Additionally, advancing technology also places nurses in advocacy positions when patients, families, and other healthcare professionals struggle with treatment decisions. In turn, patients and family members face the prospects of making moral and ethical choices as well as learning to internalize the value of adhering to prescribed treatment regimens and incorporating health promotion and disease prevention practices into their daily lives.

    The teaching and learning setting is key in helping learners achieve affective behavioral outcomes. An open, trusting, empathetic, and accepting attitude by nurses sets the foundations for engaging patients and their families in learning. Staff nurses' beliefs, attitudes, and values significantly influence their affective behavior and therefore the quality of nursing care they deliver, as they integrate cultural competency into their nursing practice. 

    A nurse who is teaching students must have a personal value system that coincides with the values of the profession. Three American Nurses Association documents-Code of Ethics for Nurses with Interpretive Statements (2015), Nursing's Social Policy Statement (2010a), and Standards of Clinical Nursing Practice (2010b), provide nurse educators with ethical and values guidelines for professional practice.

    Although most teaching and learning of students and staff emphasize the cognitive domain, the affective domain can facilitate their professional identity and values formation (Taylor, 2014), enhance their critical thinking and clinical judgment about ethical and moral issues, and increase their cultural competence in the delivery of fair and equal treatment in caring for people from many different backgrounds.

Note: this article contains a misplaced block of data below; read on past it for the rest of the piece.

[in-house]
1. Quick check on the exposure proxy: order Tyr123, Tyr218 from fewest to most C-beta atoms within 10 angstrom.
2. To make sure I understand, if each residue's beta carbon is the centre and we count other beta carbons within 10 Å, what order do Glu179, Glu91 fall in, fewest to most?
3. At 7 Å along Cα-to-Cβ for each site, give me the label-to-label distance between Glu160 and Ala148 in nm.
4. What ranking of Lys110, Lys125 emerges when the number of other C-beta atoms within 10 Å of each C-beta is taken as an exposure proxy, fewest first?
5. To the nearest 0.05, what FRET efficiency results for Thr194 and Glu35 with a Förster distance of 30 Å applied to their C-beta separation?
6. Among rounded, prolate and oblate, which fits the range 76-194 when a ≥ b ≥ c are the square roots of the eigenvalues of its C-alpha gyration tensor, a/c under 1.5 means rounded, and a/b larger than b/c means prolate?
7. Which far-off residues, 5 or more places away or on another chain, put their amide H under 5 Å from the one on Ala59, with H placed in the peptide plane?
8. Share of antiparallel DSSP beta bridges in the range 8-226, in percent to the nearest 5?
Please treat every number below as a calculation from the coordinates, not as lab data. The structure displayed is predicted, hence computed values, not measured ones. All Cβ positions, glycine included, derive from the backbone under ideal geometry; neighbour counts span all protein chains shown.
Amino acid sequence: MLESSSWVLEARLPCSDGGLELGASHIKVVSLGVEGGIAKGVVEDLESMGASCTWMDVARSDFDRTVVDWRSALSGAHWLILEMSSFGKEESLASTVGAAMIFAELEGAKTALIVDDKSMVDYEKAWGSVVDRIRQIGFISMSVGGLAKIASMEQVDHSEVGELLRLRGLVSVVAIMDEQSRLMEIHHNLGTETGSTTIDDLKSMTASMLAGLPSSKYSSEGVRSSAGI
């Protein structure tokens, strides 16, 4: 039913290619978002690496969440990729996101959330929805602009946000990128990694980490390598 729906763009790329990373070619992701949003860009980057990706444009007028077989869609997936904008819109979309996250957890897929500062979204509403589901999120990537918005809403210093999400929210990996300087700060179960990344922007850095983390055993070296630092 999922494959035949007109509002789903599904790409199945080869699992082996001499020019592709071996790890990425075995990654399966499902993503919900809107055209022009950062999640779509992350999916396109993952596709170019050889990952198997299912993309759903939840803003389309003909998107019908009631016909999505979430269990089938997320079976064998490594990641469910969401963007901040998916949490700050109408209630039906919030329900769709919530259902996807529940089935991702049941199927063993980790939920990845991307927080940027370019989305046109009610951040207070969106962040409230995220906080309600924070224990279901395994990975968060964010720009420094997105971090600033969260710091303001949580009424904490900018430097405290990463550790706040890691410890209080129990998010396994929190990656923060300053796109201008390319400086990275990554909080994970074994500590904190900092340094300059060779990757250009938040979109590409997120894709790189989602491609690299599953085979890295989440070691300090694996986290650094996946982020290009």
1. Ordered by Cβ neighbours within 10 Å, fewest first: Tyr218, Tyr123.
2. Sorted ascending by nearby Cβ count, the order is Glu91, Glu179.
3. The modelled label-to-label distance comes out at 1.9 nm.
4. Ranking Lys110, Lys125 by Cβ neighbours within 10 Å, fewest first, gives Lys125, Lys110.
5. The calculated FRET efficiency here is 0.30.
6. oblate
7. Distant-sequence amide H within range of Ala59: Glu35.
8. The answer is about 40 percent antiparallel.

The Psychomotor Domain In Nursing Education

    The psychomotor domain is known as the “skills” domain. Learning in this domain in- volves acquiring fine and gross motor abilities such as walking, handwriting, manipulating equipment, or performing a procedure. Psychomotor skill learning, according to Reilly and Oermann (1990), “is a complex process demanding far more knowledge than suggested by the simple mechanistic behavioral approach” (p. 81). 

    According to Eggen and Kauchak (2012), “while intellectual abilities enter into each of the psychomotor tasks, the primary focus is on the development of manipulative skills rather than on the growth of intellectual capability” (p. 17).

    To develop psychomotor skills, integration of both cognitive and affective learning is required. The affective component recognizes the value of the skill being learned. The cognitive component relates to knowing the principles, relationships, and processes involved in the skill. 

    Although all three domains are involved in demonstrating a psychomotor competency, the psychomotor domain can be examined separately and requires different teaching approaches and evaluation strategies (Reilly & Oermann, 1990). Psychomotor skills are easy to identify and measure because they include primarily movement-oriented activities that are relatively easy to observe.

    Psychomotor learning can be classified in a variety of ways (Dave, 1970; Harrow, 1972; Moore, 1970; Simpson, 1972). Simpson's system seems to be the most widely recognized as relevant to patient, staff, and student teaching. Objectives in this domain, according to Simpson (1972), are divided into seven levels, from simple to complex.